A Franco-Flemish double-manual harpsichord, originally a 'transposing' harpsichord made in Antwerp in 1617, possibly by Frans van Huffel.  It was given a bass ravalement in Paris in 1750 by FranÁois …tienne Blanchet and it was later given a treble ravalement in 1786 by Jacques Barberini and Nicolas Hoffmann.


Decoration of the inside of the keywell

          Here the keywell can be seen with the finely-painted decorations on the front surface of the nameboard, and this almost certainly dates to the 1786 ravalement by Barberini and Hoffmann.  Just visible are the decorations on the insides of the keywell which are in a totally different style from any of the paintings on the rest of the instrument.  These are competently carried out on the one hand, but they do not even take into account the eventual presence of the keyboards and keyblocks and these could not, for this reason alone, have been painted in the eighteenth century since any experienced eighteenth-century decorator would have known that they would have to paint only in the area not obscured by the keyblocks. 

         In the old photograph of the instrument, dating from the 1927 sale catalogue by Sotheby's, there was an inscription on the nameboard which then read 'IOANNES RUCKERS ME FECIT ANTVERPI∆'.  This seems to have been removed and replaced by Roberto de Regina in the 1970 'restoration' with a black plastic-coated batten that was inlaid into the nameboard.  It would be possible to replace the namebatten with another fake 'IOANNES RUCKERS ME FECIT ANTVERPI∆' signature since this is, after all, what the instrument would have had in 1786 when it left the workshop of Nicolas Hoffman.  But, in the light of all of the research and investigation that has been carried out on this instrument which shows that it is not by Ioannes Ruckers, it would seem to be perverse now to put back a fake signature on an instrument that is clearly not what it is purporting to be.  Whatever is done with the batten it seems it would not possible to leave it in the state that the instrument had in in 1786!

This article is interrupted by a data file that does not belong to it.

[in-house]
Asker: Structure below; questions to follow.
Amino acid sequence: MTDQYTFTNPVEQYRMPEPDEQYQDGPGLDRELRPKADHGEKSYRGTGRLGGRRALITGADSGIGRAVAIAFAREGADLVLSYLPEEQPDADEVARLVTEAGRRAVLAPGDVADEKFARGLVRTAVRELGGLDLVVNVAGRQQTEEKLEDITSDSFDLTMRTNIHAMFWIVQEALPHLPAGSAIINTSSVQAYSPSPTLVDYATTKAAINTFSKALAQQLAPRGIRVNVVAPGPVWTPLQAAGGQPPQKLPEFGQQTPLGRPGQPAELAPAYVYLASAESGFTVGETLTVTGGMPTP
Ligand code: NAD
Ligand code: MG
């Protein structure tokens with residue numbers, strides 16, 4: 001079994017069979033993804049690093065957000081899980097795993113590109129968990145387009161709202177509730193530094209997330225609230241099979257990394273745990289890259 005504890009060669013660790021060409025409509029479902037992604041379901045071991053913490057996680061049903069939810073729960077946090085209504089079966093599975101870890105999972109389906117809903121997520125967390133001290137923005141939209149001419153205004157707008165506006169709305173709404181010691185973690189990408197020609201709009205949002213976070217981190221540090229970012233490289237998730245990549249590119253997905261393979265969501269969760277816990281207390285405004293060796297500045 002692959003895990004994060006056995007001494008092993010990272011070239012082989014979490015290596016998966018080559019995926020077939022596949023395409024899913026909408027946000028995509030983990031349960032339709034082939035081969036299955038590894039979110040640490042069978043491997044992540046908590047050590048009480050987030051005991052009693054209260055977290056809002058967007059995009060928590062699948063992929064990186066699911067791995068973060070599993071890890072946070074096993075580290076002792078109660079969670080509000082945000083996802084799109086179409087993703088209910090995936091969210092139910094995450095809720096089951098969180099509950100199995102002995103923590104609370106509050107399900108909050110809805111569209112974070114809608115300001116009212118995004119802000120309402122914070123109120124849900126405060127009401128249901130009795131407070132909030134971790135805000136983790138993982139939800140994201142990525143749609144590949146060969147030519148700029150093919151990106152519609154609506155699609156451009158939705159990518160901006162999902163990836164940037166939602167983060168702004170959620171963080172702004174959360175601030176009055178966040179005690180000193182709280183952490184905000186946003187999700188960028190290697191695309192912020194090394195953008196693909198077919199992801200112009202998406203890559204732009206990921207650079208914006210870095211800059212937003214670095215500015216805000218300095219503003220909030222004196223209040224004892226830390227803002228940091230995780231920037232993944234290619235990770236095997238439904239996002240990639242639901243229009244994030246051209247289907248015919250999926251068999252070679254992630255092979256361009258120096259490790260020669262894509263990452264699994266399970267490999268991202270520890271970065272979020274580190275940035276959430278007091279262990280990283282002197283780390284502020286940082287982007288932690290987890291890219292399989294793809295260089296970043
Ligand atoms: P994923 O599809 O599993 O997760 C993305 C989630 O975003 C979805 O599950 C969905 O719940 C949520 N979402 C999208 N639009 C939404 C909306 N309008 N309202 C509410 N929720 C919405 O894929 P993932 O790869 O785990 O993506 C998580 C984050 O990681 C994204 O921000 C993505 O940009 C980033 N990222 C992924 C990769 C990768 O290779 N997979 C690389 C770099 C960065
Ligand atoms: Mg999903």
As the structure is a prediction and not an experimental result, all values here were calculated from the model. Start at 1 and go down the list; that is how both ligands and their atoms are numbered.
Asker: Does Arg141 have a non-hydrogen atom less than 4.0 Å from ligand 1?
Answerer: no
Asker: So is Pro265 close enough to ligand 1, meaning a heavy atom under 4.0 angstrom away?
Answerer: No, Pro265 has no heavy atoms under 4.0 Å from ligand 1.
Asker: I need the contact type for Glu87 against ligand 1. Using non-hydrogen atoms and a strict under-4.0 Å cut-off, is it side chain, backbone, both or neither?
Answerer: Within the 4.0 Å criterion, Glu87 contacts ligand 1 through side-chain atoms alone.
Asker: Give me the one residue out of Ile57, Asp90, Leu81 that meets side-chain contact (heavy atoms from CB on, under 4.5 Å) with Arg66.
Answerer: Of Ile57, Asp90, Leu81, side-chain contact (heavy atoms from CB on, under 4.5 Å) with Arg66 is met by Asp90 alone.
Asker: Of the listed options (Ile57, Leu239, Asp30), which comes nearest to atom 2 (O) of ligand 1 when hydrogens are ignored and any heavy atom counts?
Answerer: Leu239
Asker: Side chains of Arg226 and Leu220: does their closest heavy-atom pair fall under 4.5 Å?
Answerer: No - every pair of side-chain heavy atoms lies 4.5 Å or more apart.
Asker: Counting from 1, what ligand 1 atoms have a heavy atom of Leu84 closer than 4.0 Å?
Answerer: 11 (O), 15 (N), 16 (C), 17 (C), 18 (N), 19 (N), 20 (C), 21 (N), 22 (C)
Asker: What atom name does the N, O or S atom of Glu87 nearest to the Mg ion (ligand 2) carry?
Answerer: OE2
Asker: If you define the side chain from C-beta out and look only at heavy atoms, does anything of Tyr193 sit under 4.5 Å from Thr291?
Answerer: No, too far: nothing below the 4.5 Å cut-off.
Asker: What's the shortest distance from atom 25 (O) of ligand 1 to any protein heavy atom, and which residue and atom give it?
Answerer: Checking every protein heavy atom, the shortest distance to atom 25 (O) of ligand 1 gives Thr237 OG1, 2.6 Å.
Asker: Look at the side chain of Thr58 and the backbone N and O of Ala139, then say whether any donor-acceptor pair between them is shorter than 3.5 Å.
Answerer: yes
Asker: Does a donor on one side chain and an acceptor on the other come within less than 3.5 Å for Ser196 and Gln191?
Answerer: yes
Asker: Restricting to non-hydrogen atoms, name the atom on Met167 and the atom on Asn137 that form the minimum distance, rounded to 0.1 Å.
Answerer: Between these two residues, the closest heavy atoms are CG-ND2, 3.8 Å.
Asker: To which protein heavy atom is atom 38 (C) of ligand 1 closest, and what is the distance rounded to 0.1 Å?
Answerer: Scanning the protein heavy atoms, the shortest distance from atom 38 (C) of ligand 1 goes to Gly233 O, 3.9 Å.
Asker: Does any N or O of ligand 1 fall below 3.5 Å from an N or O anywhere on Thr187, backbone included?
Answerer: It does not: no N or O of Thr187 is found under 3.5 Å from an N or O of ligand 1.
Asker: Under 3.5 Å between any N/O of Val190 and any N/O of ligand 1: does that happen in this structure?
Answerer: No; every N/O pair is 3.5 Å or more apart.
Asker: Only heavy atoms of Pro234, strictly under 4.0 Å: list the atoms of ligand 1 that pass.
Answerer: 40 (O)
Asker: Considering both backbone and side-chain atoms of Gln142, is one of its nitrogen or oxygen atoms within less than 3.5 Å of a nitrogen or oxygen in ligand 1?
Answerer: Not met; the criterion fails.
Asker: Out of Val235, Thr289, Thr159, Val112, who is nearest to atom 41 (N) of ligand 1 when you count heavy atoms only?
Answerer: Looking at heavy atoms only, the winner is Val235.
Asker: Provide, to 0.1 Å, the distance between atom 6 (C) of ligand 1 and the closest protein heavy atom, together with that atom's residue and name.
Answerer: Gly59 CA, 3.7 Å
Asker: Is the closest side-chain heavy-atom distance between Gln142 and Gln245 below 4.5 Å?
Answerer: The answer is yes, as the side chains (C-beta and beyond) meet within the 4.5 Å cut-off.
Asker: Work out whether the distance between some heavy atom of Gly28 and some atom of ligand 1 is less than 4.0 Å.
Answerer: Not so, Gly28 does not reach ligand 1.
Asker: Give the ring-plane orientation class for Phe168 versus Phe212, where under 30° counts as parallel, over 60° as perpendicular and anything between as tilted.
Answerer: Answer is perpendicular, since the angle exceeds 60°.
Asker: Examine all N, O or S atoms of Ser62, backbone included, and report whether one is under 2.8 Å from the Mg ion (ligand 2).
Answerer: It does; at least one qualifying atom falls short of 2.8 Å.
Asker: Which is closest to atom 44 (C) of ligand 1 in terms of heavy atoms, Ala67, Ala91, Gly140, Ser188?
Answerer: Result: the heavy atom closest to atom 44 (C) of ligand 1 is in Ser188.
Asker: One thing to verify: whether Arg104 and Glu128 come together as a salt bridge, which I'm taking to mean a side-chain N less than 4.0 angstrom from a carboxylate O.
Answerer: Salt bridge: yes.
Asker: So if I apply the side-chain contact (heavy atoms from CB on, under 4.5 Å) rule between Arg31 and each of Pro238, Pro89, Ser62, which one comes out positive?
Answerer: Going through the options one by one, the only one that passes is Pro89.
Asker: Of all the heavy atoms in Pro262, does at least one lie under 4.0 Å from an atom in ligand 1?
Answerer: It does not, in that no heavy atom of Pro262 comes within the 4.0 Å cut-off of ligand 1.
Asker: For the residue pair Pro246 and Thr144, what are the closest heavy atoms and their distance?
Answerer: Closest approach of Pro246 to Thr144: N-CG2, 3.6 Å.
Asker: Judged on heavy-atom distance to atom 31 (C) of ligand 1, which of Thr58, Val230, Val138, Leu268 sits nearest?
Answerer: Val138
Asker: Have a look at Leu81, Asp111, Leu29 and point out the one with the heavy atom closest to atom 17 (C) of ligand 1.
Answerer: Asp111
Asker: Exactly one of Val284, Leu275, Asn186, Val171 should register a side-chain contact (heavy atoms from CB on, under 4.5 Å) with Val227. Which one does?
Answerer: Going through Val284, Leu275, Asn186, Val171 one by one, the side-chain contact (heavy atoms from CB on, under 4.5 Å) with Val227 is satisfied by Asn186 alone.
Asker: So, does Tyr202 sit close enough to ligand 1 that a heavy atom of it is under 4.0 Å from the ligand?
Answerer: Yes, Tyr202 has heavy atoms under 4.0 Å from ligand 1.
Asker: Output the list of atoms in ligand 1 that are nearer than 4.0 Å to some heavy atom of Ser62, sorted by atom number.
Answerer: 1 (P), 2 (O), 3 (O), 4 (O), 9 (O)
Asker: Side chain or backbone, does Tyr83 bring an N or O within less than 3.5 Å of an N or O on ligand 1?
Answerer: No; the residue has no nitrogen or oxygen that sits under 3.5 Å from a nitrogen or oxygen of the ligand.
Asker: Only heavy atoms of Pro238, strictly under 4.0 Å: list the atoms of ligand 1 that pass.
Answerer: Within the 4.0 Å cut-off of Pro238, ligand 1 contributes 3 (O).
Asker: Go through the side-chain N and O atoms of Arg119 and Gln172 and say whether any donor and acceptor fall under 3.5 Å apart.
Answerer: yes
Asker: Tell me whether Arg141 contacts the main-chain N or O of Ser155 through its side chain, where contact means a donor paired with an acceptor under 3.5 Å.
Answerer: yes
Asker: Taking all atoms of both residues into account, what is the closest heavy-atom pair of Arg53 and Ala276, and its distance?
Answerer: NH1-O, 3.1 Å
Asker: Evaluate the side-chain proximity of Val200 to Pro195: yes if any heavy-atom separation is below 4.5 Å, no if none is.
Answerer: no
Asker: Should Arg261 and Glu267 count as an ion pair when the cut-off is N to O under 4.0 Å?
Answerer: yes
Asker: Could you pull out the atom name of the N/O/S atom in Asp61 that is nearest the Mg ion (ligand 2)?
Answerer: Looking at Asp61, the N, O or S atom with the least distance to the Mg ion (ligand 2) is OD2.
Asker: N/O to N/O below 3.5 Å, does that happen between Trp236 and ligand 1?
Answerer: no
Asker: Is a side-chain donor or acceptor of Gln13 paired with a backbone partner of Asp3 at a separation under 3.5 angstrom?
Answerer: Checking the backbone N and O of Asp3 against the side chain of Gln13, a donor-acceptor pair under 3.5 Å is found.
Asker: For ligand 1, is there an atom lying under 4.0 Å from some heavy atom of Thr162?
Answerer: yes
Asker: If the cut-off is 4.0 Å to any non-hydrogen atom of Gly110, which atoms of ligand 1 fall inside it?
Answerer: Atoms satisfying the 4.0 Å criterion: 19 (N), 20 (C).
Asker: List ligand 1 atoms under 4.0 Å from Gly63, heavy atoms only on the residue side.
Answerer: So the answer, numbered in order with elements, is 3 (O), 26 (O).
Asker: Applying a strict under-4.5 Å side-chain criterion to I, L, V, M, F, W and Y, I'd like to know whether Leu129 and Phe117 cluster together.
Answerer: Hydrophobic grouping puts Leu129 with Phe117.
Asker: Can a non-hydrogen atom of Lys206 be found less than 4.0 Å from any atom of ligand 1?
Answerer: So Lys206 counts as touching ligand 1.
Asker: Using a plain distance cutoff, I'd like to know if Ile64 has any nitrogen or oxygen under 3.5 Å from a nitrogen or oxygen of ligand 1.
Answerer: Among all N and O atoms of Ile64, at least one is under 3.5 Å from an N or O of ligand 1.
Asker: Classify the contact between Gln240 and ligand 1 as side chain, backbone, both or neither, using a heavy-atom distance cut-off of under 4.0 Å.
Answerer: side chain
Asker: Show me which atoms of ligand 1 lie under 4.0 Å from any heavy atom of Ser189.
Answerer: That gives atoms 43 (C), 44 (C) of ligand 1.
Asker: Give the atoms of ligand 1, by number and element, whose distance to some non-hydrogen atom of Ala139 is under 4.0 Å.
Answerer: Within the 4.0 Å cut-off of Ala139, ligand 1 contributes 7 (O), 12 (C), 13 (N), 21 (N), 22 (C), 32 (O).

A photograph, probably taken about 1920, showing a detail of the keywell with the fake signature of Ioannes Ruckers on a namebatten that was subsequently lost.  The heavy wire stop levers seen in this photograph also did not survive to modern times.  The nameboard appears to be glued into the case as is normal, and not loose and removable as it was after the 1970 'restoration' by Roberto de Regina in Buenos Aires.  The decoration of the bass side of the keywell, partly obscured by the keyblocks, has survived and can be seen to the left of the photograph.


           Although the Tomasini decoration of the keywell sides is vaguely in the eighteenth-century style, the decorator who painted it was so naÔve as to paint the whole of the keywell cheeks without taking into account that part of his decoration would be hidden behind the keyblocks when the keyboards with were then placed in the instrument.  This decoration is, however, in a place that was usually decorated in the historical period.  Even though this particular decoration is not in the historical style it has been decided to leave it as evidence of the 1889 decorator who worked for Louis Tomasini in Paris.

          A part of the original vernis martin decoration can be seen in the foreground on the lower part of the front edge of the case in the large photograph above.  The extension to this is painted on the front flap and is visible when the front flap is in place and the keywell is closed.

          The keywell decorations have not been cleaned nor restored in any way.  However, as can be seen here, the keywell decorations are in a good condition and is, thankfully, not discoloured with the thick layer of varnish used elsewhere on the instrument.  There is therefore no reason either to clean it, nor to remove it, nor to restore it.


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